- A federal judge delivered a major setback to a recently-passed Florida law touted by Gov. Ron DeSantis and aimed at stopping Big Tech censorship of conservatives.
- “Balancing the exchange of ideas among private speakers is not a legitimate governmental interest,” Judge Robert Hinkle wrote in his order Wednesday evening. “And even aside from the actual motivation for this legislation, it is plainly content-based and subject to strict scrutiny.”
- Technology trade groups NetChoice and the Computer and Communications Industry Association — which represent Facebook, Google, Amazon, Twitter and other large tech companies — filed a lawsuit challenging the legislation days after DeSantis signed it into law in May.
A federal judge delivered a major setback to a recently-passed Florida law touted by Gov. Ron DeSantis and aimed at stopping Big Tech censorship of conservatives.
Judge Robert Hinkle, of the U.S. District Court for the Northern District of Florida, ruled that the law signed by DeSantis last month violated the First Amendment in a decision delivered Wednesday evening. Hinkle ordered Florida not to enforce the legislation, which was set to go into effect on Thursday, until a final ruling is issued.
“Balancing the exchange of ideas among private speakers is not a legitimate governmental interest,” Hinkle wrote in his order Wednesday evening. “And even aside from the actual motivation for this legislation, it is plainly content-based and subject to strict scrutiny.”
“It is also subject to strict scrutiny because it discriminates on its face among otherwise-identical speakers,” he continued.
Hinkle added that parts of the legislation are “expressly preempted” by federal law. During a hearing Monday, the Florida judge asked lawyers representing Florida if they had ever seen a more poorly-written law, according to TechFreedom, which participated in the hearing. (RELATED: DeSantis Presses Reporter, Asks Why Iran Leader Allowed To ‘Talk About Killing Jews’ On Social Media But Trump Is Banned)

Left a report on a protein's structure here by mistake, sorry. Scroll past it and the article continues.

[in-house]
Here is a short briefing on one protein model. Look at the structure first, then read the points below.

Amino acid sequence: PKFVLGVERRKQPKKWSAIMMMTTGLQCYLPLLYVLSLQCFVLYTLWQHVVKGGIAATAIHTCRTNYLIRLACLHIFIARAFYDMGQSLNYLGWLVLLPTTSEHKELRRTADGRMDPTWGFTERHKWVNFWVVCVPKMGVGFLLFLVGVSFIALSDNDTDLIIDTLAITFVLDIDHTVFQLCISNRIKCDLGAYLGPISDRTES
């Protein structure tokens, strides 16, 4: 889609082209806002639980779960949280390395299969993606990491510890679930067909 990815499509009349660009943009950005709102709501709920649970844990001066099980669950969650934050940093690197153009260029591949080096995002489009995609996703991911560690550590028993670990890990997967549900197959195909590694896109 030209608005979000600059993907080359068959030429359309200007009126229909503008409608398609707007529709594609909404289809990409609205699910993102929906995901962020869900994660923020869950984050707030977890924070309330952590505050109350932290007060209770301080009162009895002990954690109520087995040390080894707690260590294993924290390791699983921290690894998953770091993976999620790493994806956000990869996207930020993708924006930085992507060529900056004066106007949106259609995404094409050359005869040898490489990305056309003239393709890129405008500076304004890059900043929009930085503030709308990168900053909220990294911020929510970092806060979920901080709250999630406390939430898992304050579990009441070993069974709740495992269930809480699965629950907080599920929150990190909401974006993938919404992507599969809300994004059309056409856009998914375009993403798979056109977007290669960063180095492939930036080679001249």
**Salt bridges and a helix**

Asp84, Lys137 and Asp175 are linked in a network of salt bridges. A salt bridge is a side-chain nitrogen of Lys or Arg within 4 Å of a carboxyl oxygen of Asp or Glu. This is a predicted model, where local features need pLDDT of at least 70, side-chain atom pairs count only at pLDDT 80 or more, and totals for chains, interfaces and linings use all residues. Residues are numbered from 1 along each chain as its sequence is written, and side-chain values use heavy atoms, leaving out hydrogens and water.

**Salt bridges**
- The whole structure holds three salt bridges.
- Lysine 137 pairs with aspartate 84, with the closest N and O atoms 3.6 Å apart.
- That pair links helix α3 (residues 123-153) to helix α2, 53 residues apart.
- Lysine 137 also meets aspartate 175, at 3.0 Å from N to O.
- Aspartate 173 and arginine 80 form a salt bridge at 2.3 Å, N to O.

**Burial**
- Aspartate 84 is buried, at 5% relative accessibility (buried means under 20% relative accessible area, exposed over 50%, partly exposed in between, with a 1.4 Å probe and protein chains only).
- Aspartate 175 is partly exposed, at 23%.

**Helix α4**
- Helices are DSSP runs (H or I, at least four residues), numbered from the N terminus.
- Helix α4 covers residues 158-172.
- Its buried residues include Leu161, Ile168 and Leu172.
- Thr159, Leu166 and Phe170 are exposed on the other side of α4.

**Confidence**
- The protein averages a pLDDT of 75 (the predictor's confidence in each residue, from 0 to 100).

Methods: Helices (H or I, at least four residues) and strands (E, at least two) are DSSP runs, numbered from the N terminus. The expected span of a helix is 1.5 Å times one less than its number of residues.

“We are disappointed by Judge Hinkle’s ruling and disagree with his determination that the U.S. Constitution protects Big Tech’s censorship of certain individuals and content over others,” a DeSantis spokesperson told the Daily Caller News Foundation in a statement. “We plan to immediately appeal to the Eleventh Circuit Court of Appeals.”
“Governor DeSantis continues to fight for freedom of speech and against Big Tech’s discriminatory censorship,” the statement continued.
Technology trade groups NetChoice and the Computer and Communications Industry Association (CCIA) — which represent Facebook, Google, Amazon, Twitter and other large tech companies — filed the lawsuit challenging the legislation days after DeSantis signed it into law in May. They argued that the law was a “smorgasbord of constitutional violations” in the complaint.
“We cannot stand idly by as Florida’s lawmakers push unconstitutional bills into law that bring us closer to state-run media and a state-run internet,” NetChoice Vice President and General Counsel Carl Szabo said in a May statement. “The First Amendment protects social media platforms’ right to host and moderate content as they see fit for their business models and users.”
Several groups had filed briefs in support of NetChoice’s complaint including TechFreedom, the American Civil Liberties Union, the Reporters Committee for Freedom of the Press and the Media Law Resource Center.
The bill would fine any social media company that suspends or bans a Florida political candidate from their platform $250,000 per day. It would award targeted candidates up to $100,000.
The legislation would also prohibit tech companies from using algorithms to support or suppress certain political content.
DeSantis previously characterized the legislation as “historic” and the “strongest thing that any state has done” regarding Big Tech censorship.
In January, former President Donald Trump was banned from multiple social media sites including Facebook and Twitter, which he had used to communicate throughout his presidency. Twitter also censored and cracked down on users who shared a New York Post story in October, which reported that it had obtained emails showing President Joe Biden and his son met with a Ukrainian gas company executive in 2015.
Hinkle, who was appointed by former President Bill Clinton, ruled against the DeSantis administration last year in a case involving a law that required felons to pay legal fees before they could regain their voting rights, the Associated Press reported. Hinkle said the law created a “pay to vote” system.
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